United Airlines invests $5 million in algae biofuel company. Which SAF problem does this address?
United Airlines has made a $5 million investment in Viridos, a leading algae biofuel company working to produce sustainable, low-carbon, algae-based jet fuel at a commercially deployable level. Compared to traditional jet fuel, sustainable aviation fuel (SAF) produced from Viridos algae oil is expected to have a reduced carbon footprint of 70 per cent making it an effective, more environmentally conscious alternative.
The investment was made by the United Airlines Ventures (UAV) Sustainable Flight Fund whose President, Mike Leskinen, said:
“SAF is proven, scalable, and the best tool we have to reduce our carbon emissions from flying, but we face a significant shortage of available feedstock […] Viridos’ algae-based biofuel technology has the potential to help solve our supply problem without the need for farmland or other agricultural resources and marks our inaugural investment in our new cross-industry UAV Sustainable Flight Fund.”
Here, the UAV President outlines a potential paradox between SAF feedstock and environmental priorities.
As aviation attempts to mediate its impact on the planet, availability of SAF becomes crucial. IATA estimates that SAF could contribute to 65 per cent of the reduction in emissions needed to reach net-zero by 2050. Furthermore, the World Economic Forum’s Clean Skies for Tomorrow Coalition aims for the industry to run on 10 per cent SAF by 2030, up from 0.1 per cent in 2021. To meet these demands, there must be a significant increase in production. However, it is important this rapid scaling up does not have a detrimental knock on effect at feedstock level.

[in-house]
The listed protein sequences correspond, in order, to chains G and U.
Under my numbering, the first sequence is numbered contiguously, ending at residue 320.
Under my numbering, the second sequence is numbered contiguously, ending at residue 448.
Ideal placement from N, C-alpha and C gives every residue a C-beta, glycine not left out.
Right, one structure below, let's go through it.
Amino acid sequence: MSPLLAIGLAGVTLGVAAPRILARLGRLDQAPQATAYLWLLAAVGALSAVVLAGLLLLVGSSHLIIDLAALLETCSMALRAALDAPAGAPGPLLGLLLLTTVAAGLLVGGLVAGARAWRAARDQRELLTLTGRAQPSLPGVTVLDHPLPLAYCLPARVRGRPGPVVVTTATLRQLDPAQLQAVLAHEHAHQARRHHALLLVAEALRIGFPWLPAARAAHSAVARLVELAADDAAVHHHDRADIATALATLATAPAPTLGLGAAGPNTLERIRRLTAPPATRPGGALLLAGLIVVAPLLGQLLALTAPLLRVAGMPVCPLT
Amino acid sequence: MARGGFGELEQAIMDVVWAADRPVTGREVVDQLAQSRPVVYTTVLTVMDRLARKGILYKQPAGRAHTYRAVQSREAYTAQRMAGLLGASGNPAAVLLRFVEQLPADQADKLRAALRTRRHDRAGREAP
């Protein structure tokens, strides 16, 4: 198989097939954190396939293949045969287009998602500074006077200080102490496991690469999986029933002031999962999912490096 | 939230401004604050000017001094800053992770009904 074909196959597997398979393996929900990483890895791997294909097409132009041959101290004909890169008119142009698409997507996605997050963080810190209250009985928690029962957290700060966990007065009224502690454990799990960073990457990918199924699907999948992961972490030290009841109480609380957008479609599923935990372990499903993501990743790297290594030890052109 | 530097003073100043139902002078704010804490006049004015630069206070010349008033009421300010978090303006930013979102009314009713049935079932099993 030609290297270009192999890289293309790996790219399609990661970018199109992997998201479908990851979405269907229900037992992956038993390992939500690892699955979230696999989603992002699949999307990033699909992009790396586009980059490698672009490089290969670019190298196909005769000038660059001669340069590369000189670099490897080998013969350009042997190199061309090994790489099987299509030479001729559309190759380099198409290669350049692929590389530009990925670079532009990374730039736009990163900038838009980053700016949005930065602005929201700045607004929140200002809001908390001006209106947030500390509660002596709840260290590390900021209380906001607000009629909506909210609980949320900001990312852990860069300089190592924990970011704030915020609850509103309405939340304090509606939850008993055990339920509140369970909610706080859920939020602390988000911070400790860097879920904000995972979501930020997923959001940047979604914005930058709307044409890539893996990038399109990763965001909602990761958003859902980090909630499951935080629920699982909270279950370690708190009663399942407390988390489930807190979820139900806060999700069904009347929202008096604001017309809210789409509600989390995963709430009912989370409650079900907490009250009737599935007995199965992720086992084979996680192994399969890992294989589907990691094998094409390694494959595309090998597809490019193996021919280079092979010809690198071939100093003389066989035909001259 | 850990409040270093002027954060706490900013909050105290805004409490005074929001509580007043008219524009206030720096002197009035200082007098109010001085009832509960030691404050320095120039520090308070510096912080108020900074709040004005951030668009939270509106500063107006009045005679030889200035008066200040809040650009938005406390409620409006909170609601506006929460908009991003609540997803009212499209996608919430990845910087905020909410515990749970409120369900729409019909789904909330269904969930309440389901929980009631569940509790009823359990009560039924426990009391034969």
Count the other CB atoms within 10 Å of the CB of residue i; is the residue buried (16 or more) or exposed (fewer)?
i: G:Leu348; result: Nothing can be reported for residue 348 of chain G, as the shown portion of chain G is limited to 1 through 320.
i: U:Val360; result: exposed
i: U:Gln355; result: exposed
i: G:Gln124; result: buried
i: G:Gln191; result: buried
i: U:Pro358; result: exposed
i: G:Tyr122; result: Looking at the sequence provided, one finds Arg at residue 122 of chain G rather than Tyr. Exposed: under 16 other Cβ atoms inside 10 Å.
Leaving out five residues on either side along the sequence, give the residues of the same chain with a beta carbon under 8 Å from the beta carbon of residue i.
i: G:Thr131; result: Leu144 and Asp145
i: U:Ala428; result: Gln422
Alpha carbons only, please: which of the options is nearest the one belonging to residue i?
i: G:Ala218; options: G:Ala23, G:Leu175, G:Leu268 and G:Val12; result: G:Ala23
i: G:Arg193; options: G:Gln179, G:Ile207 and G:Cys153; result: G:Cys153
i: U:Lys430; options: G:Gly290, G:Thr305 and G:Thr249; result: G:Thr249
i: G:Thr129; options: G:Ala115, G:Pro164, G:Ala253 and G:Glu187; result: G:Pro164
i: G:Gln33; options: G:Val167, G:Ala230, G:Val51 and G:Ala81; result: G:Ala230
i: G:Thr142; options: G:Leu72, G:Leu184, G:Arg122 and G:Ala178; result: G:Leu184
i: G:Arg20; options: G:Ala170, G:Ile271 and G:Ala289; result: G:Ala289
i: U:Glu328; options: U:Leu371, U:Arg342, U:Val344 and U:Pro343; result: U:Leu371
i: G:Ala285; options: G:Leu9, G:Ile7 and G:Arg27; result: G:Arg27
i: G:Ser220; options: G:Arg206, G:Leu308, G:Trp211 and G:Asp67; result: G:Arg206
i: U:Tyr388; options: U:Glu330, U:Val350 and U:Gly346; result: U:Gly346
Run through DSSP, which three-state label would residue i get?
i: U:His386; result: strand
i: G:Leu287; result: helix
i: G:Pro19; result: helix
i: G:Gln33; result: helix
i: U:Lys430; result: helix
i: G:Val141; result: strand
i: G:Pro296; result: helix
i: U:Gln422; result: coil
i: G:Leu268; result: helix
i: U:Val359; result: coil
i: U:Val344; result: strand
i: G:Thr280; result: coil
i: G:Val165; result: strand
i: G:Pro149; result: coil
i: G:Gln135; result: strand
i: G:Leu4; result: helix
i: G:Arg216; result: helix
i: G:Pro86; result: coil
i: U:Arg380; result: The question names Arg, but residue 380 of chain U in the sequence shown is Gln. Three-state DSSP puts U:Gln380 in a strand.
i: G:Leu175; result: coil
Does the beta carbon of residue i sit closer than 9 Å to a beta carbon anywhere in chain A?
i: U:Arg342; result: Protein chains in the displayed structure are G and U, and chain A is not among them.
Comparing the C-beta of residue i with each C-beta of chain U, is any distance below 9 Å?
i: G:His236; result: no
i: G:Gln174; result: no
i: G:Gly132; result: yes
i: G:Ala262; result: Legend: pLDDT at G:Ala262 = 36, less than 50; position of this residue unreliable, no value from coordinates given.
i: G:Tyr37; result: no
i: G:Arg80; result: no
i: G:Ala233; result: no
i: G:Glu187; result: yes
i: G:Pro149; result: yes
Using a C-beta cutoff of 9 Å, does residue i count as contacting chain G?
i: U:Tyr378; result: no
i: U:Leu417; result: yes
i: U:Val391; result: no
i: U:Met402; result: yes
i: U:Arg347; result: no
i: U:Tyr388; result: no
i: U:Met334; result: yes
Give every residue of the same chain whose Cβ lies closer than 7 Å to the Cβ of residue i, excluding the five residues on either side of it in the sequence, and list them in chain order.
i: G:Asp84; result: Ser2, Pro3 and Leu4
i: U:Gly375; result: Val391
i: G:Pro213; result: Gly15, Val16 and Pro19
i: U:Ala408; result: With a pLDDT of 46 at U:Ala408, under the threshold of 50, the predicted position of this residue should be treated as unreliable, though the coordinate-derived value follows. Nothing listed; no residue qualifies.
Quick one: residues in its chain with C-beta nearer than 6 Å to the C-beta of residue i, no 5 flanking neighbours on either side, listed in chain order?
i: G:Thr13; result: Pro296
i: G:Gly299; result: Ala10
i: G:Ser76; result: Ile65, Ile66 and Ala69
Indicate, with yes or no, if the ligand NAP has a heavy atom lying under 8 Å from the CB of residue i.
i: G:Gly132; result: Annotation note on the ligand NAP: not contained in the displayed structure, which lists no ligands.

Currently, a few of the key resources used to produce SAF are used cooking oil, municipal waste, and waste animal fat. As noted by BloombergNEF, “about 6 million metric tons of used cooking oil and 27 million metric tons of animal fats are traded globally every year, which would cover only around 5 per cent of jet fuel consumption.” To meet the quantities required for the industry to significantly reduce its impact, considerably more feedstock will be required. However, as quoted in a recent article in the Wall Street Journal:
“You can’t just increase everybody’s consumption of french fries because we decided we need to double the amount of used cooking oil.” – BloombergNEF’s Ms. Davies
As SAF plays a substantial role in the industry’s reduction of its environmental impact, the origins of the feedstock must be kept in mind.
Discussing their process, Oliver Fetzer, CEO of Viridos said:
“By establishing production sites to grow Viridos-engineered microalgae in saltwater, we are creating the foundation for a biofuel future that moves away from fossil fuels without competing for precious resources such as fresh water and arable land.”
Viridos algae is grown in vessels containing seawater, allowing “contained deployment in hot and dry locations without taxing scarce freshwater and arable land resources, while eliminating runoff.” The algae also has high surface area oil productivities allowing for a high output in comparatively small areas. Moreover, through bioengineering microalgae, oil productivity compared to wild algae can be improved seven fold making it efficient.
As demand for SAF rises, it is crucial that the nuances around the feedstocks used are kept in mind.
Article by Jess Brownlow